Allen Book Barret was born of Christian parents. His mother especially had a pronounced Christian background. In The Gospel Advocate of 1866, there is an Obituary of her father, Alexander Smith, "bishop" of the Church at Covington, Tennessee, written by Dr. Richardson. Her mother was also a Smith, though of no blood relation to her husband. The two families of Smiths seem to have originated in different states, before coming to Tennessee, the one came from North Carolina and the other from South Carolina. Her mother gave birth to twenty-two children. Though she had her hands full with home duties, yet she never failed to be present for Lord's Day worship, unless Providentially prevented. Likewise also did her daughter, Bella Fletcher, the mother of the subject of this sketch. She was the mother of fourteen children, four of whom are yet living. She never failed to attend worship if she could avoid it–she was known to have arisen from her bed of sickness, at different times, so as to be present. When the hour arrived to prepare for "church," she would cease from whatever she might be doing and go to the services. Such a grandmother and such Mother profoundly impressed "Allen." They were as "Lois and Eunice" to him. A.B. Barret had a great uncle, Ephriam Smith, a brother to his grandmother Smith, who was a faithful gospel preacher. He died in Texas. His great-great-grandfather, Payton Smith, a Baptist preacher, came over to the Restoration at an early date, but returned to the Baptists later. Allen says that he does not claim kin with him, as he went back to the Baptists. He also says that he is the only "Barret" that he ever heard of, in his family, that became a gospel preacher. His father was a member of the Church, as stated above. His people were mainly Presbyterians and Methodists, who had migrated from Virginia to Tennessee. It should be noted that our subject spells his name with only one "t" – a family distinction for which he contends, as he says: "It does not take as much ‘t' for me as it does for other Barretts." He is English and Irish by his father and English-Scotch by his mother. He says that makes him a League of Nations. A.B. Barret was born near Covington, Tipton County, Tennessee, on a farm, July 15, 1879, making him now nearly sixty-four years of age. He was the seventh child of his parents. It is said that they first named him "Alfred Booker," but the "Alfred" was soon changed to "ALLEN." Why this change was made is not known, unless it was desired to name him for a favorite cousin to his mother, Professor Joe Cotton, now deceased. "Booker" is for Dr. Booker Paine, the attending physician at his birth. He attended such schools as he had access to in his rural community; but he made little progress in such schools, as they were irregular and short-termed. Upon his parents' removal to Covington, he entered the public schools there. Later he attended the Robinson High School, at Salem, Tennessee. This school was connected with The Seceder Presbyterian Church. From this school he began studies in the famous Byar's Academy, at Covington. When only thirteen years of age, he obeyed the gospel under the preaching of a Christian evangelist known as Paine. At sixteen, he entered what was then known as The West Tennessee Christian College, at Henderson, Tennessee, "to prepare for the ministry." The late Professor Inman, of the Christian Church, founded this college many years prior thereto. A. B. Barret preached his first sermon in a school house, known as the Mackintire School, near Henderson, on "Obedience," in March, forty-six years ago. He held his first meeting the summer following, on his mother's farm, at Locust Bluff, near Covington, assisted by his favorite boyhood chum, David Parrish, of near Friendship, in Crockett County, Tennessee. There were sixty-eight souls baptized in the Big Hatchie River, nearby, during this meeting. His work as a gospel preacher, evangelizing, and laboring with congregations in regular work, has carried him from his native state to Arkansas, Texas, Indian Territory, now Oklahoma, where he has since preached also, Louisiana, Mississippi, Alabama, Missouri, Washington, D. C., and Kentucky. Many souls have been led to Christ and numerous congregations have been either established or strengthened by his labors. He has gone to all points where called, both rural and urban, trusting the Lord for his support, which has always been liberal and adequate, so he says. Upon his return to his home, at Covington, the first summer of his ministry, A. B. Barret met his former Academy teacher, Judge Byars, who addressed him as follows: "Well, Mr. Barret, I hear that you are a preacher." Upon being assured that he had heard correctly, the Judge said: "That College at Henderson was founded by Professor Inman, who had prepared under me for entrance to the Presbyterian Seminary at Clarksville, Tennessee, to train for the Ministry. In his study of Greek he learned from it that 'bapto' means to 'dip.' He later became a member of the Christian Church and started the College." "And," he added, "If I am ever dipped, I want you to dip me." He was not "dipped," so far as is known. Thus began the West Tennessee Christian College. The late A. G. Freed was President of the College, when A. B. Barret entered it. The College was later known as The Georgia Roberson Christian College, as a brother Roberson, of Crockett Mills, Crockett County, Tennessee, a member of the Christian Church, gave $5,000 to erect a new building as a memorial to a deceased daughter. A. B. Barret attended these two Colleges three years and a half, graduating from the Teacher's Department with many other more advanced courses to his credit. He then attended The Nashville Bible School, Nashville, Tennessee, under the Presidency of James A. Harding. He says that Brother Harding influenced him more than any other man that has touched his life, as he was such a man of faith. On July 10, 1901, A. B. Barret married Miss Exie Carroll, of Henderson, Tennessee, whom he had met while in College there. She was a daughter of Dr. J. R. Carroll, a (Universalist) physician. She was a member of the Christian Church, but soon became identified with her husband in the Church of Christ. She has been a faithful helpmeet, and she has attained to an extended knowledge of the Bible. It is said of her that "she is one of the best teachers of the Word of God in the Church." Sister Barret is ever active in all of the work of the congregation, and her friends are Legion. Brother and Sister Barret moved to Texas in 1902, where they labored till 1920, laboring with different congregations, and doing evangelistic work. From the Pearl and Bryan, Dallas, ministry, they joined A. G. Freed, President of Southwestern Christian College, Denton. He served as an instructor in history. While teaching at Denton, he visited San Angelo, Ballinger, and Abilene, with a view of locating a Bible School. Abilene was selected as the proper location for such an undertaking; hence he founded what is now known as Abilene Christian College, of which he was its first President for two years. Having got that school underway, Brother Barret returned to Denton as President of that College, taking his Faculty with him. Thence he and Charles H. Roberson, his associate, founded what was known as Clebarro (Cleburne, Barret, Roberson) College, Cleburne, of which he was President for five years. He was then called by the elders of the University Church, Austin, to teach Bible in the University of Texas, under the direction of the congregation. When he took up that work, he arranged for The University to officially credit two courses in Bible under Bachelor's degrees. Tiring of such strenuous College work, he accepted regular church work with the East Main Street Congregation, Murfreesboro, Tennessee, removing there in 1920. Since which time he has continued his efforts preaching, writing, and debating, at various places. All these years, Brother Barret has diligently pursued his studies, mainly in the Bible and related subjects. He has had courses in Hebrew, under two Rabbis, much work in Greek under able professors, and other special work in English, history, psychology, economics, geology, sociology, and various other subjects, specializing in preparation against Evolutionists, and other opponents of the Bible. He has lectured hundreds of times on such subjects as are contrary to the truth, as well as in his teaching and positive, constructive preaching. He has met more than fifteen debaters among the sects in oral debate, running from three nights to eight days and nights, and he has conducted a number of written discussions. He says that he prefers the Negative in debate, as he is a "natural-born" critic. He also adds, in fact, he has to curb his "criticizing tendencies," as he fears that he might become too harsh, and thereby create sympathy for his opponents. He has been careful never to leave an opening for an antagonist to expose his position on any controverted question. He despises a "fallacy" as a skilled musician would a discord. It is his pride that not one of "his own brethren" has ever reprimanded him for preaching or teaching, either orally or in writing, anything subversive of the truth; although enemies among them have sought to find something contrary thereto, at times. He says that "the most unkindest cut of all" is that he is now being accused of being a Premillennialist. Nothing that he has ever spoken or written even hints at such a thing; and all of his preparation for debate shows his opposition to Premillennialism. This Book, to which I am writing this Introduction, shows, throughout, his opposition to this speculative teaching; however, he does deplore the bitter spirit so often shown by many against brethren who do so teach. He feels that all should be "As harsh as truth, and as uncompromising as justice," as a famous English statesman expressed it; but that we should be courteous, patient, and compassionate with even an enemy, if possible. Brother and Sister Barret were not blessed with children; however, they adopted a little girl out of the Luling Texas Orphanage, whom they educated. She is married and has three daughters. Her husband is a Smith-Hughes man, now teaching Agriculture in the County High School, at Evening Shade, Arkansas. They also reared two nieces of hers who are now employed. The older is a graduate of The West Tennessee Teacher's College, at Memphis, Tennessee, and is now teaching English and Spanish in the Covington, Tennessee, High School; and the younger took a Secretarial course in Memphis Business College and is a Teller in the Commerce National Bank there. They feel that with the work done in baptizing and training these three "daughters," together with that done in teaching and training many others for Christian living, among them a large number who are now able preachers of the Gospel, their efforts have not been in vain. Though they have both been "hospitalized" a number of times; yet they now enjoy a reasonable portion of good health, and wish and expect to spend their declining years in active efforts for the work of the Lord. Brother Barret has often said that he wanted to leave a book to preach for him, after he shall have crossed "The Great Divide." He has published a number of "tracts," and now "The Shattered Chain," his most ambitious work. He has specialized in Baptist Church Succession, which is evidenced by his book. For a number of years, Mr. Bogard has devoted much time and energy in an effort to prove that the Baptist Church was founded under the preaching of John the Baptist; and that there is an unbroken line of evidence that it continues until the present day, just as it was organized by its founder. This he affirms in books, tracts, and in debates with various men, who question the correctness of his contention, and has gained a small following in some of the Southern States. Mr. Barret challenges his contention; and in this book appeals to the testimony of history. He takes up quotations from men who are on the side against the author, and are quoted as such, as to whether Mr. Bogard's contention, of an unbroken chain of history of the Baptist Church, is sustained, and every one who has had occasion to make a special study of the subject, and especially every one who has had occasion to discuss the subject with an opponent, will at once recog nize the great value of such a collection. By J. W. Shepherd, Central Church of Christ, Nashville, Tennessee. --This Biographical Sketch is from the Introduction of A.B. Barret's book, The Shattered Chain, Henderson, Tennessee, 1942-1943.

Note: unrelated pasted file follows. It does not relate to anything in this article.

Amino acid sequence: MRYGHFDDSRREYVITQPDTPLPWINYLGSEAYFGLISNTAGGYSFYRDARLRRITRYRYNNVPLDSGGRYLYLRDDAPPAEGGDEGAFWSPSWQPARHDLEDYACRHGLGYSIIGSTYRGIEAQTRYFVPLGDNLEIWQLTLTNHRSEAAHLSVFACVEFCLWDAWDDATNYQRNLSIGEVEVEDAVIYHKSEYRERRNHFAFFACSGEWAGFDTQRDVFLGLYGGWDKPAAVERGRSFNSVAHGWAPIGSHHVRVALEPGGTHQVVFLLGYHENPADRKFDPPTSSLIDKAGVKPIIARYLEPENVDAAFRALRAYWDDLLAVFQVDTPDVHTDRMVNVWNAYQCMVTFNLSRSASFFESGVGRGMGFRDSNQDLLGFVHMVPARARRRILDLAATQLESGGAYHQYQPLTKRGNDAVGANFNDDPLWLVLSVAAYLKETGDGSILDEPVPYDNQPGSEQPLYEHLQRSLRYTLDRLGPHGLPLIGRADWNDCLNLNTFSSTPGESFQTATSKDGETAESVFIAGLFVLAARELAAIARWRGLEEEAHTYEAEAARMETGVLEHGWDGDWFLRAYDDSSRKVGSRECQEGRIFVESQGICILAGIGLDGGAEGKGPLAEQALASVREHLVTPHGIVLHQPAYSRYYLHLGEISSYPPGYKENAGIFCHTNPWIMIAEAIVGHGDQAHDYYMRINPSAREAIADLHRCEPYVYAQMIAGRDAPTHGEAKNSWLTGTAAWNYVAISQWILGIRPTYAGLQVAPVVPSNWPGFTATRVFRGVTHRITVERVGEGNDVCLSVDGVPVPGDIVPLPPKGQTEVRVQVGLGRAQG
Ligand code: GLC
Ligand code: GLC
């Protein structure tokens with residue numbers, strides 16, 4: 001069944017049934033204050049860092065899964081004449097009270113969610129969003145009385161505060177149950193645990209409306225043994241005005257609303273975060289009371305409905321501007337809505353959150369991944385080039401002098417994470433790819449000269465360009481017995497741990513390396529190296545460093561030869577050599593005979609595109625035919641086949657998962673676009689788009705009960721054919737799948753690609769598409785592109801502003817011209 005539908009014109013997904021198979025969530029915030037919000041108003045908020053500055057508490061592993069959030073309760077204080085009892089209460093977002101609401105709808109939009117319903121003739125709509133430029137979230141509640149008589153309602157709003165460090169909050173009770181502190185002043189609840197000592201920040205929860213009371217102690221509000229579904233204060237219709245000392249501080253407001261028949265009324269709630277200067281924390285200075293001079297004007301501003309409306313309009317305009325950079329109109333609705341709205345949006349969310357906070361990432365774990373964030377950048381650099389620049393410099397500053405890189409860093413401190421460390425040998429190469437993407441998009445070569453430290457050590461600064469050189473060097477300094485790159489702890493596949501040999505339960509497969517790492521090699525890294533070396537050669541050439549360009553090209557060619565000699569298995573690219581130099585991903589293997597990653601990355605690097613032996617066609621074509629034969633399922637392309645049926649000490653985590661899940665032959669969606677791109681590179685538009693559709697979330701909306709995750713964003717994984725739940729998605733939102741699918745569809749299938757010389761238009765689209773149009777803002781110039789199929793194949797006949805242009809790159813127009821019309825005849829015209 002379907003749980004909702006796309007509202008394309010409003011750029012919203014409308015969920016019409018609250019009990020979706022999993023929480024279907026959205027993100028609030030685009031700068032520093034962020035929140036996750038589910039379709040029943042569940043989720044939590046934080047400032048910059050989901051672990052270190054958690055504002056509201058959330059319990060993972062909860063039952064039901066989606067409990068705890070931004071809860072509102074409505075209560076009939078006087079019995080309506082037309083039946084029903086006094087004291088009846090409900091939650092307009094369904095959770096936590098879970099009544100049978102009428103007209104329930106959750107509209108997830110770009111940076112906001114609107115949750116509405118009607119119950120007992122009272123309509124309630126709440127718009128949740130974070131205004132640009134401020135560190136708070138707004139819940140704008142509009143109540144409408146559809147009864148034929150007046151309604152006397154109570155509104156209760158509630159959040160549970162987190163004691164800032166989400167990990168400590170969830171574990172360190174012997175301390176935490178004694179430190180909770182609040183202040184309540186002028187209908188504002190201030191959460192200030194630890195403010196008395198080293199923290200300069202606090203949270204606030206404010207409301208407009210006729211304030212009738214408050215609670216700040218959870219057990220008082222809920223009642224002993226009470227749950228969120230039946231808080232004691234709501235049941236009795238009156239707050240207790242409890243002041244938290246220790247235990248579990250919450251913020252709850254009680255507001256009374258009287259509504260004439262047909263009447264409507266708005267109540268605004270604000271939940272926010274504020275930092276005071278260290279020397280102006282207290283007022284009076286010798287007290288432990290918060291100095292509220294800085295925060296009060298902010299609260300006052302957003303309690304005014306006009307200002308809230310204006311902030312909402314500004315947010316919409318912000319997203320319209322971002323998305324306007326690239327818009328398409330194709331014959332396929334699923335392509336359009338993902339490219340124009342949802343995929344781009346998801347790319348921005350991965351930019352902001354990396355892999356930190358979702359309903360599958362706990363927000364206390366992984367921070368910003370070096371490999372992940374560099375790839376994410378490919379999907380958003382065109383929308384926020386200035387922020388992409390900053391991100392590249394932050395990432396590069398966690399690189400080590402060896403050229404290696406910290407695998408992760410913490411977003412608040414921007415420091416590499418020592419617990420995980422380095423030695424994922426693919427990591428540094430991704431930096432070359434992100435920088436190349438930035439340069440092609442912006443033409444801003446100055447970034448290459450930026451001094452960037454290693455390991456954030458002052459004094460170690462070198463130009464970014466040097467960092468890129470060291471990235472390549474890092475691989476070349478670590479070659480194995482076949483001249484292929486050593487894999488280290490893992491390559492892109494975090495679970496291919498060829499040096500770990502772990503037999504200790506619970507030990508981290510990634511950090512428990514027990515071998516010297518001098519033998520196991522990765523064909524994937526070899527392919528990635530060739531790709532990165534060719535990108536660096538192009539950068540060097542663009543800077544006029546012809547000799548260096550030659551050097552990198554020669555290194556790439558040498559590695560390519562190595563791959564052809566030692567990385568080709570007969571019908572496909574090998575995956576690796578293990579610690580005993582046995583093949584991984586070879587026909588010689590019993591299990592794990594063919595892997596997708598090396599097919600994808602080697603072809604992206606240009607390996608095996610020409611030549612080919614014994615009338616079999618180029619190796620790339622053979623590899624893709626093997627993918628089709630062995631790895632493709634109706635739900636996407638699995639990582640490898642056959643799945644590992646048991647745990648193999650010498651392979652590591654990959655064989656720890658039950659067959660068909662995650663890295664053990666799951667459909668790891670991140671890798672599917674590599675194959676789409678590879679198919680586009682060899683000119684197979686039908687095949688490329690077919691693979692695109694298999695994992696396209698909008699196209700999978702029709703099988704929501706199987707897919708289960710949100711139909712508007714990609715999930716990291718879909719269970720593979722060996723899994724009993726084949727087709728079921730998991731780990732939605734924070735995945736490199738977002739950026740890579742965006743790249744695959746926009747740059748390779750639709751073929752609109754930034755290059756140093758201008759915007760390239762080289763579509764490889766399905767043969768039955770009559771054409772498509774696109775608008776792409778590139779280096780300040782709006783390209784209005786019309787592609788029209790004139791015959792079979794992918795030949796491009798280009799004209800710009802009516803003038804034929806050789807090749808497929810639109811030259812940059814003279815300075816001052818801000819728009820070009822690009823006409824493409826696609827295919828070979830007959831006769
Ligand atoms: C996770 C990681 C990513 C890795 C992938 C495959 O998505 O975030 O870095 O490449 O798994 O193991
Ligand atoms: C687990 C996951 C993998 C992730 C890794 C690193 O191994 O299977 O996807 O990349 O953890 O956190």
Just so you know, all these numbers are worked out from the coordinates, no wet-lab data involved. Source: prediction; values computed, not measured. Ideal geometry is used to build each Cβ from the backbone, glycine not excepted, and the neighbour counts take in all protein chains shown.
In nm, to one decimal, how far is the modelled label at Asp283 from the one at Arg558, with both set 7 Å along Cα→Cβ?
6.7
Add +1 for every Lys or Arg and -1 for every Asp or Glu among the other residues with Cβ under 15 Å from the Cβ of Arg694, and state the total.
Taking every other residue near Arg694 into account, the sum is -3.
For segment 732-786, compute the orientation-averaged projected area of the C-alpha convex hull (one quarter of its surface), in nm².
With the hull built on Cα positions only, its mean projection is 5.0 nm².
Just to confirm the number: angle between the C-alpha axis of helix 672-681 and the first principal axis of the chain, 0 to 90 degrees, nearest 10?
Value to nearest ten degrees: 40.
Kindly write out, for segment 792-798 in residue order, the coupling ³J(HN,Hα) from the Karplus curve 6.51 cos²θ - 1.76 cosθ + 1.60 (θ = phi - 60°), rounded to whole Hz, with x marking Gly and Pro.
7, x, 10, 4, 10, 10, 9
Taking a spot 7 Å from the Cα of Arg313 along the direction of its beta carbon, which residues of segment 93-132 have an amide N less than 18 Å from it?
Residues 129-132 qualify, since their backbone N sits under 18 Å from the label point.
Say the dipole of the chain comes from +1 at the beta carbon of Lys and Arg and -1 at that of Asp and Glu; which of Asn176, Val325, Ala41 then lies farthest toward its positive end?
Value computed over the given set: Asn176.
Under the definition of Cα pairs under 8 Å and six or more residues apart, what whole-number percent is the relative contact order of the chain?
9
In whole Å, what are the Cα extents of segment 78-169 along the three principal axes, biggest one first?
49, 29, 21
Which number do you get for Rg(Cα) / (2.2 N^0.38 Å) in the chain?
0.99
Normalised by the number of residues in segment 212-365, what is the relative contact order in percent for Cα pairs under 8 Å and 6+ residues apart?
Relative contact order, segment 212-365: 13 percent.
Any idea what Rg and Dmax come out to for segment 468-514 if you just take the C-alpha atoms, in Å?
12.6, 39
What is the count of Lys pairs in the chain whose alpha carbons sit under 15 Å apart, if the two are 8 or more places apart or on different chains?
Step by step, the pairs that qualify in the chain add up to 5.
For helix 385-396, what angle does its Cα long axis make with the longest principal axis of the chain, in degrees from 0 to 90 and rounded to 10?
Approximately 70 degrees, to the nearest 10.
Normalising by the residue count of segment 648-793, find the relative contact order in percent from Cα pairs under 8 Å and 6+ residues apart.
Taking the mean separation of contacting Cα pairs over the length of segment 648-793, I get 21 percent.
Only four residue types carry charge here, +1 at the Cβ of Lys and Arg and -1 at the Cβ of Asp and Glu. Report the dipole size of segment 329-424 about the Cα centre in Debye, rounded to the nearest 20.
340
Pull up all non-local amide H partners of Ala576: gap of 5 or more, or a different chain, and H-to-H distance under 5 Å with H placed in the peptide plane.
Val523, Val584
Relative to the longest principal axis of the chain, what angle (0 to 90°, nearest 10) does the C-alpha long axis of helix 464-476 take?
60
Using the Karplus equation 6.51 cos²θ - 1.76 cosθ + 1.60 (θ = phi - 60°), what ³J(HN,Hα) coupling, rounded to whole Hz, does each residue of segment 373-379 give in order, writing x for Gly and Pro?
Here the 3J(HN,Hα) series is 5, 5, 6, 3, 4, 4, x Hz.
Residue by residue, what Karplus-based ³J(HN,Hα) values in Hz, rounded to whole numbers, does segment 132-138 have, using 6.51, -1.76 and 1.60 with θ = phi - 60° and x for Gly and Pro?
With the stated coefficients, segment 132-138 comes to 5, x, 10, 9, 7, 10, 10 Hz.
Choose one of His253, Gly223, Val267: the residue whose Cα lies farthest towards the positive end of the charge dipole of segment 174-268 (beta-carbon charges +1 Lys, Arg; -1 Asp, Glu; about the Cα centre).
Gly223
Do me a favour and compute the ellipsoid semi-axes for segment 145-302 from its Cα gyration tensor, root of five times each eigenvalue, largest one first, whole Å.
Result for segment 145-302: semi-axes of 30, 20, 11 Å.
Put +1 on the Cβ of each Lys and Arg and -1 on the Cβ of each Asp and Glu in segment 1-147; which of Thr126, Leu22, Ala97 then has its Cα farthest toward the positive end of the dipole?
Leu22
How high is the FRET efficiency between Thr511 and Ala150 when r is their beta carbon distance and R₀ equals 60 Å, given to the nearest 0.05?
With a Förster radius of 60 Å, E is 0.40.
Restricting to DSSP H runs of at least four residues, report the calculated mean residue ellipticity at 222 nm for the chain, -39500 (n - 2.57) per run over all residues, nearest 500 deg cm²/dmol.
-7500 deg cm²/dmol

John H Barret (1851 - 1907)
Isabella Fisher Smith Barret (1853 - 1898)
Exie Carroll Barret (1880 - 1970)
Henderson City Cemetery
Maintained by: Tom Childers
Originally Created by: Barbara Opal
Record added: Apr 11, 2008
Find A Grave Memorial# 25927132